A gray day spent well is brilliant

22 Mar

catzen.jpgSometimes when the day is overcast and dreary, like today, I hate it. But other times, I let go of my judgement and simply enjoy what’s there.

The gray of the day feels like a texture.

The day seems laden with stories. Everywhere you look, the houses, the duplex apartments, the empty storefronts–all are draped in the gray blanket of the day and you
can sense, just beneath the surface, each place is rich with stories.

This is a day that demands a fireplace, if you have one. (I should totally have a fireplace!)

There should be wine (now, that I have) and music (Mozart or Billie Holiday, I dunno–something!…)

Sip wine while staring at the flames, silently listening and deciphering the stories cloaked in the code of the crackling fire.

Even a day uphostered in dreary gray can be brilliant. In the way that being fully present in the moment–either by design or startling inspiration–is brilliant. For
each moment is a story and each moment carries its story into the next moment, joining all stories into one amazing volume (or tapestry, or–insert preferred metaphor
here.)

The wine in my glass has a story. It is a pomegranate wine from Armenia–how could it not have a story?!

I have a story. Sometimes I think I have a million of them. My own story and stories I have imagined.

I was born in Dothan, AL, the son of a peanut farmer and his wife. Or, more precisely, I was born in Dothan, AL, the son of a
peanut product company salesman and his wife.

Either version, there is much more to the story than those few simple details.

A man, a woman, a baby and some peanuts. Most importantly, there were peanuts.

Some days I fear I am out of stories; sad that the arranging and rearranging of words (and punctuation–there must be punctuation!) may be a lost art to me. My mind a
sieve, the stories slip from my cranium, dripping into my hands for the sole purpose of slipping through my fingers, then falling to the floor.

No matter how hard I may try to scoop them up from the floor, declaring the 3 second rule as I attempt to bring the words back together, the stories pool up, quickly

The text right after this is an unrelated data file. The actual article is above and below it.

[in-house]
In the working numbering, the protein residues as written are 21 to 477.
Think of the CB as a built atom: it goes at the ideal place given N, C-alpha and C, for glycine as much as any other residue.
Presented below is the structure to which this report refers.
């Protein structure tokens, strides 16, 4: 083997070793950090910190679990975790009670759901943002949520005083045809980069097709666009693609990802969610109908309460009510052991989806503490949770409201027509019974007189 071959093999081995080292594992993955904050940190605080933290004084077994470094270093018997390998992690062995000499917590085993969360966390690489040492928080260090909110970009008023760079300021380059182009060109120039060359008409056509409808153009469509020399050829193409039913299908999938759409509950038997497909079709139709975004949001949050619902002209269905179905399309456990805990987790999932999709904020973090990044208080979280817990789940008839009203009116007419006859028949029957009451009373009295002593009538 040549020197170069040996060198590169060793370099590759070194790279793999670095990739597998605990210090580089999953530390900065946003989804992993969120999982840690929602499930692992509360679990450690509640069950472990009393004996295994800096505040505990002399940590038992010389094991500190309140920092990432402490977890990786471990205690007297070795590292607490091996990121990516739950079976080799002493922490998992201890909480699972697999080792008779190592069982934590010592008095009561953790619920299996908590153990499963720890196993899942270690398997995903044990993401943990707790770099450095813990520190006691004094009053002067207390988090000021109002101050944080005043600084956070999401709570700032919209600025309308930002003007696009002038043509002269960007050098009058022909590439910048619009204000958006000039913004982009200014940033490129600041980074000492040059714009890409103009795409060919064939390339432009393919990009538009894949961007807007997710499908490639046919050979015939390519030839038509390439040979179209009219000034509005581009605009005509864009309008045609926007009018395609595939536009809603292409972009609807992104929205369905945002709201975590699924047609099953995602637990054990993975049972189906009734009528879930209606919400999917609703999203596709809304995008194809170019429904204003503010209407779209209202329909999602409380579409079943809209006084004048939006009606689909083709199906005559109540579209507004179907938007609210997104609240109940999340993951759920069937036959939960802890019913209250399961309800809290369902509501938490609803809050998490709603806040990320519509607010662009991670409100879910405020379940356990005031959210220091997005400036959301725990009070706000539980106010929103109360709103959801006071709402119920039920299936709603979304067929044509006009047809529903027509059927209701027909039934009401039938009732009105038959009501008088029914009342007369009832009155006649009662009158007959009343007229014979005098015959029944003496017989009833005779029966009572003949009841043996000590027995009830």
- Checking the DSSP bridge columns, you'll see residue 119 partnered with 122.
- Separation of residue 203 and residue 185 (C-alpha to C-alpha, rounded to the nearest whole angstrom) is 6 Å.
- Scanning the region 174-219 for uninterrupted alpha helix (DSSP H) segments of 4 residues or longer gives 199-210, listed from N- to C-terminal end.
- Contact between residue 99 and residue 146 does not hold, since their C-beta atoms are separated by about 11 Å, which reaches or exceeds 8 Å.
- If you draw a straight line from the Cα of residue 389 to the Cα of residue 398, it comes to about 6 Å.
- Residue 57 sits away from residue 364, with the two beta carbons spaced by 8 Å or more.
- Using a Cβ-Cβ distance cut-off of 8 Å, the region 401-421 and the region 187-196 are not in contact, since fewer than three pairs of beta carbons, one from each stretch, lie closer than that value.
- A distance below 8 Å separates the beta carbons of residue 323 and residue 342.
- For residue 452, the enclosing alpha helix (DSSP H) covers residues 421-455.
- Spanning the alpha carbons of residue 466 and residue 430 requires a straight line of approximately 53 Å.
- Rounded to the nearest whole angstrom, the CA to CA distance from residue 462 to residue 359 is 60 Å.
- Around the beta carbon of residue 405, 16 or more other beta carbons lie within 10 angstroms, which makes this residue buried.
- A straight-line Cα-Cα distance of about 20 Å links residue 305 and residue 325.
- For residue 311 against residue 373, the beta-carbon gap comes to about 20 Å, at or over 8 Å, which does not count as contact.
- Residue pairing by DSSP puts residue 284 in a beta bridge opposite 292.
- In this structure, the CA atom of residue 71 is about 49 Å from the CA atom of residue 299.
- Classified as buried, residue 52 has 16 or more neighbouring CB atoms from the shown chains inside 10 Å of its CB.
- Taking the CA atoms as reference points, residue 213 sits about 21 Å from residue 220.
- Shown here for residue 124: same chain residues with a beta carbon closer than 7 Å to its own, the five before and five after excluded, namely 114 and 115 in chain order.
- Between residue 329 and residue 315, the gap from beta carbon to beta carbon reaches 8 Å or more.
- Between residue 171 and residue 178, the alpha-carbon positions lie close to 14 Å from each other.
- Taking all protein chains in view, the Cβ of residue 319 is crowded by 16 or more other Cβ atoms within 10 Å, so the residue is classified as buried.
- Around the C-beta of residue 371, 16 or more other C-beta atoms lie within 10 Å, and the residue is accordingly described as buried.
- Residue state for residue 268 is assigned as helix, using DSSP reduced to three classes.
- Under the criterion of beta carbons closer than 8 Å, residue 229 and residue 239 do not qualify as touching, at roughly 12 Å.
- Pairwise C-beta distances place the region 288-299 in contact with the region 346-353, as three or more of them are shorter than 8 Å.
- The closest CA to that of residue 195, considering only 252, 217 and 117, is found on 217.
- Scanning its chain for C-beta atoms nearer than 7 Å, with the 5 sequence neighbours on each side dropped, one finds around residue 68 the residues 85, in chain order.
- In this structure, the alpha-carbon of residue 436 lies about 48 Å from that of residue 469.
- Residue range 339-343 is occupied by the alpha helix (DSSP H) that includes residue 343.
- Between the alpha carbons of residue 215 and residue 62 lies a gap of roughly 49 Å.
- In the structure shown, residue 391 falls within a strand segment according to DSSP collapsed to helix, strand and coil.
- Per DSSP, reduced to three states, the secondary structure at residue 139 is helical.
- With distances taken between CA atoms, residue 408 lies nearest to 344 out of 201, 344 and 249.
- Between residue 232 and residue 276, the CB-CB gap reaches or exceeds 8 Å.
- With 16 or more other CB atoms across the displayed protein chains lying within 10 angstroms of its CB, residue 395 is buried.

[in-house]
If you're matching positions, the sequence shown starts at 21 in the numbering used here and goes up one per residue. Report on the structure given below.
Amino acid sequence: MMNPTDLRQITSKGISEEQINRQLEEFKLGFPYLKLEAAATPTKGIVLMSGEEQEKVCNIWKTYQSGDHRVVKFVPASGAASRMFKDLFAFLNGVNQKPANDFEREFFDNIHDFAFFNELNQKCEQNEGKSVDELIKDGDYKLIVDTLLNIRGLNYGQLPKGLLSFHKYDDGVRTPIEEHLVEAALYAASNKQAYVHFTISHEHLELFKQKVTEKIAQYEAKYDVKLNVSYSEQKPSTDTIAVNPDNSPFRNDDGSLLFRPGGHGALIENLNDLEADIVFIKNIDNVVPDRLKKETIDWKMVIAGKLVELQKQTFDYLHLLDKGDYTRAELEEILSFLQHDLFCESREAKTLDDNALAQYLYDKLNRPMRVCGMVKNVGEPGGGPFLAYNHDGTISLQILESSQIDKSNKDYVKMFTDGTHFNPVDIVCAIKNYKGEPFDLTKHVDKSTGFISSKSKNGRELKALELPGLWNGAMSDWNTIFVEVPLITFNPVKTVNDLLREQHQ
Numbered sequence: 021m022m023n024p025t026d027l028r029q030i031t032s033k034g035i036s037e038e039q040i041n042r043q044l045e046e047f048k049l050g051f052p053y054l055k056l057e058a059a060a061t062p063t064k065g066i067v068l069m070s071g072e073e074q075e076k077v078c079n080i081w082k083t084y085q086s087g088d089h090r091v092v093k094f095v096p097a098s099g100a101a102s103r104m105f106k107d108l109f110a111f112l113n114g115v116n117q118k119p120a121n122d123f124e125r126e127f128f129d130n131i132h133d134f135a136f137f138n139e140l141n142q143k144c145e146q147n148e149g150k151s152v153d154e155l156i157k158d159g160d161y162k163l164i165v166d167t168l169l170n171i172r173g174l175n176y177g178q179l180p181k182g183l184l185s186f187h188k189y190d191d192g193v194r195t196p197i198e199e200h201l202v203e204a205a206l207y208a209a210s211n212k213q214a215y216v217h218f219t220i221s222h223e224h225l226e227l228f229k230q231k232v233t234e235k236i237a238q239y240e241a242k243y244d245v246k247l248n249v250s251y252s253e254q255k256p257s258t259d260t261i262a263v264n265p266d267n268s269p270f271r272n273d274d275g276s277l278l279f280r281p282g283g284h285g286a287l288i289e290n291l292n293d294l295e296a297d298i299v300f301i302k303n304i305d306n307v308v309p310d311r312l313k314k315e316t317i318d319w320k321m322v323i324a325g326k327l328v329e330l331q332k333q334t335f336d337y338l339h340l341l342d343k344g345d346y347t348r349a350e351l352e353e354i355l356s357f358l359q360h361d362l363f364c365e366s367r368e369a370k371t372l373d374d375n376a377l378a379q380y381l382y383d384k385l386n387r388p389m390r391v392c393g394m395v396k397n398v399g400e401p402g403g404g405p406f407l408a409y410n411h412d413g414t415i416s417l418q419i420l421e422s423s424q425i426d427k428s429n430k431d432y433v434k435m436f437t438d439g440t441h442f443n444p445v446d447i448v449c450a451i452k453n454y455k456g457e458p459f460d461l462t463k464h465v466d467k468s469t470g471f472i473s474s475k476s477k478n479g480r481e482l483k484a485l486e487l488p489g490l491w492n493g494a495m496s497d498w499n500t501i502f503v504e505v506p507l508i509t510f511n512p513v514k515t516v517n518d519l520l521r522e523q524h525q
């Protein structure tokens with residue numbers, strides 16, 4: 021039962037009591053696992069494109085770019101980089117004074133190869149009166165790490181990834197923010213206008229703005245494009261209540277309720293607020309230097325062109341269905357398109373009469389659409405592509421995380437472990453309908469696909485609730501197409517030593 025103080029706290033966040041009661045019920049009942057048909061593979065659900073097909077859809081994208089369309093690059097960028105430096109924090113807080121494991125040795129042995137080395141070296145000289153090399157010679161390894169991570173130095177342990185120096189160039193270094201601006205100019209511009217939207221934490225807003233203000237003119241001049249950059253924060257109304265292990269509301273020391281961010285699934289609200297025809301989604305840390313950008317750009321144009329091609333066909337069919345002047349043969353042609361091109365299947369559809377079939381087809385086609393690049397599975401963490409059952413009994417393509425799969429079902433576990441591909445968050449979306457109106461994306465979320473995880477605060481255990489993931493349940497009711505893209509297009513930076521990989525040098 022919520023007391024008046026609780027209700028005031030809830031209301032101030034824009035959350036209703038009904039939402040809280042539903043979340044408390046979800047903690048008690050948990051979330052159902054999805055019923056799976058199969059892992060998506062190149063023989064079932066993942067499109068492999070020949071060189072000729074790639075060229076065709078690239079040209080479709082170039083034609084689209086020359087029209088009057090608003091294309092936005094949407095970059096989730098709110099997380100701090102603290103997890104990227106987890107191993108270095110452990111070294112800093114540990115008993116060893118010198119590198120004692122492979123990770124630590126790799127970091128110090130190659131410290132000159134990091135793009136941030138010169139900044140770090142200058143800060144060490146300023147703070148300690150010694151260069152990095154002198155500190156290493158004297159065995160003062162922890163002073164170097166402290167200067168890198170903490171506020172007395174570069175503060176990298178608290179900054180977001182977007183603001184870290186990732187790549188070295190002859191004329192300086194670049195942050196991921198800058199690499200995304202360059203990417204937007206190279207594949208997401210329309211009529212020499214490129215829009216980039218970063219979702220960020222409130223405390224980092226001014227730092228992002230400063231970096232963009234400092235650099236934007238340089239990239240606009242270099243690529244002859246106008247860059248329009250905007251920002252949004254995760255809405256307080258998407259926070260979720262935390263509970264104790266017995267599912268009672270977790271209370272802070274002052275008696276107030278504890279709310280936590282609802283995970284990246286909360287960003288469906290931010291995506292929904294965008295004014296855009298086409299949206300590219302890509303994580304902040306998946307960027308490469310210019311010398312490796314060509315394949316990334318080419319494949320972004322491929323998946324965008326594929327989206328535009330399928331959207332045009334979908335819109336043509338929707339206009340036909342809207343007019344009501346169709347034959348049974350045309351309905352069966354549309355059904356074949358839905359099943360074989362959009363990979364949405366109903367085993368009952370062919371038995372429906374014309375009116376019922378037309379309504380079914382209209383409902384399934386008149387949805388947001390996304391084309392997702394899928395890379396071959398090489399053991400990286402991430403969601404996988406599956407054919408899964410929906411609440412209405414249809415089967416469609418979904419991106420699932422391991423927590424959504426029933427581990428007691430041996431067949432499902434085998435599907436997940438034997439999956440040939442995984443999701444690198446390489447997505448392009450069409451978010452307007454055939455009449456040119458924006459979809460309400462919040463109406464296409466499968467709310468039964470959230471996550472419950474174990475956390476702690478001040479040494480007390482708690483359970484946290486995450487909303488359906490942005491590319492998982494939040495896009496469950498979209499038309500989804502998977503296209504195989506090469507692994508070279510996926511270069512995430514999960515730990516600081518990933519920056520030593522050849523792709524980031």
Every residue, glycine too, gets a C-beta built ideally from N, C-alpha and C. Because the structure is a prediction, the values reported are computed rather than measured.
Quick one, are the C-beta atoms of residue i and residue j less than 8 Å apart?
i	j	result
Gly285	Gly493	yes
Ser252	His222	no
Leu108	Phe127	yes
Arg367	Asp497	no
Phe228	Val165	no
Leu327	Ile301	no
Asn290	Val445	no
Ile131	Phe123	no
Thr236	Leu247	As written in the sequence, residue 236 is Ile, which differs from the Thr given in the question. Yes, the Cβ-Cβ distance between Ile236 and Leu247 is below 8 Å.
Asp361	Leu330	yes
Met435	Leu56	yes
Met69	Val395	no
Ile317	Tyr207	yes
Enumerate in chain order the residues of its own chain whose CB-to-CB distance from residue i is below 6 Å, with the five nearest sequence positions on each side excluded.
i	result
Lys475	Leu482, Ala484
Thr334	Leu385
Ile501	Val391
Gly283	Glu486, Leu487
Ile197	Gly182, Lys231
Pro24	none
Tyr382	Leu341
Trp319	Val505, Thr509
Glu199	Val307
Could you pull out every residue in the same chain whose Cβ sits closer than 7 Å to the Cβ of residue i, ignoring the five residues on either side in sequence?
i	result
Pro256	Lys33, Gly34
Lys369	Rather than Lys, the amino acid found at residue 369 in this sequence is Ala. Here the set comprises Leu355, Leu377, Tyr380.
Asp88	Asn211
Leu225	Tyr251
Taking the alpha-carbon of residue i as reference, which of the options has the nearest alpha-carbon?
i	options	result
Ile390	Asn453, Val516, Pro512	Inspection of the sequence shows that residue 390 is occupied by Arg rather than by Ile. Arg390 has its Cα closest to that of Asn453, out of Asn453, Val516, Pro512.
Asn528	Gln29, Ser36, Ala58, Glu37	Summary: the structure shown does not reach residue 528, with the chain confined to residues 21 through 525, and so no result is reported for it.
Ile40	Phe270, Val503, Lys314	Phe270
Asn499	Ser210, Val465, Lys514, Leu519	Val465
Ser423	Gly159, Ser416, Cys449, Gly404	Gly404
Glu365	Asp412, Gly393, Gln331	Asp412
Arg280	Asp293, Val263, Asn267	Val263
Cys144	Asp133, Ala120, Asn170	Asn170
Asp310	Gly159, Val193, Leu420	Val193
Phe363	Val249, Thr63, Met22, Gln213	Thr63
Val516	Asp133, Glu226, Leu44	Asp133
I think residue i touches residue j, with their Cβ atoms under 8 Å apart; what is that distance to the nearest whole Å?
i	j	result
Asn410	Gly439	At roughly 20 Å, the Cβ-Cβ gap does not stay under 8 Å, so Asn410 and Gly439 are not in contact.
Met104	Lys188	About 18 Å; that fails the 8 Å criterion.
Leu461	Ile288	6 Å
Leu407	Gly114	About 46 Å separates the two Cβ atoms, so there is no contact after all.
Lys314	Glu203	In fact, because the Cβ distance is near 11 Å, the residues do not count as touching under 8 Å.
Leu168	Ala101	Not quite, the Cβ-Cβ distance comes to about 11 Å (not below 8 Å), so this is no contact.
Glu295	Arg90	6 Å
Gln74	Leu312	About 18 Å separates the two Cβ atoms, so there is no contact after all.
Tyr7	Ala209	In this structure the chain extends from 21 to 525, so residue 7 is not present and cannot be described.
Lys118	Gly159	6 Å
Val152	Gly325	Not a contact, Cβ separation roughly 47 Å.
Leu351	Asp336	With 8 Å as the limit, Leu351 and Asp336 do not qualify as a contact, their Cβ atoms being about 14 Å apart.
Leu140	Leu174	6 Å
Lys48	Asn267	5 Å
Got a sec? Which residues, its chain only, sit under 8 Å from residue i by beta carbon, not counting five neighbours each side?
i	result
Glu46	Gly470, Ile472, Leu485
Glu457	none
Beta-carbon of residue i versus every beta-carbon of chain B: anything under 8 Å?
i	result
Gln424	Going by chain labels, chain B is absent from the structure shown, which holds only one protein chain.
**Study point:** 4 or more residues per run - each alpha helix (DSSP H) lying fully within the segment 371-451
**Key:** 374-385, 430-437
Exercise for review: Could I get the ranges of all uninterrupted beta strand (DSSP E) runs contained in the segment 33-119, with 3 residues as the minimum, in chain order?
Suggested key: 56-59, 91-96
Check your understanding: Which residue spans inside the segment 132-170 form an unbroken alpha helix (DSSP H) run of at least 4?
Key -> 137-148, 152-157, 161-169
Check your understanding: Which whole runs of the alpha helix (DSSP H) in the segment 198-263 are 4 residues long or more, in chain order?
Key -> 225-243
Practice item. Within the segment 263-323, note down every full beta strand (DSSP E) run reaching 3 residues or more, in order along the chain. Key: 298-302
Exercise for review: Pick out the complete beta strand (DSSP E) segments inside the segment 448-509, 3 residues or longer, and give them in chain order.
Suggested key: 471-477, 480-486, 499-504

regroup and then slither away.

Where do they go? Do they wind up with some other, somehow more deserving writer? Perhaps a writer who has a fireplace…?

If there can’t be a fireplace, there should at least be a loft–at least one story up, in a city (Paris would be nice. New York or San Francisco are also more than
acceptable) with large windows and an easy chair or a divan or a day bed–something on which you can sprawl, right by the window, with a truly amazing book, and a
glass of wine (that wine travels well, no matter what the tale…) distracted from the pages of the most excellent book, only as the gray of the day fades into night,
causing the lights of the city to ignite, like a fire. (Not necessarily a fire in a fireplace, but some other good kind of fire, you know?)

The glorious view provides the perfect punctuation (for there must be punctuation!) for the day.

A cloudy, dreary day.

Present moments strung together, shining like the lights of the city, viewed from the window of a loft, while reading a book about drinking wine in front of a
fireplace. The stories. The crackle of the flames.

The city lights through the loft window or the warm glow from the fireplace reveal a spot, previously unnoticed, where the stories that have hit the floor have left a
residue made up of words that were left behind when a story slipped through fingers and then escaped. Perhaps these words were slower than the rest and got left
behind. Perhaps these are rebellious words who simply refused to leave.

By the florescent light of the kitchen, I gather the words carefully. All words are salvagable.

I will go locate some punctuation and see what can be made.

A gray day, with clouds, well spent, is brilliant, like the present moment, fully noticed, whether by design or sudden inspiration, is brilliant.

One Response to “A gray day spent well is brilliant”

  1. a n n e Goldbauer April 22, 2015 at 12:13 am #

    Love your stories, Bill.

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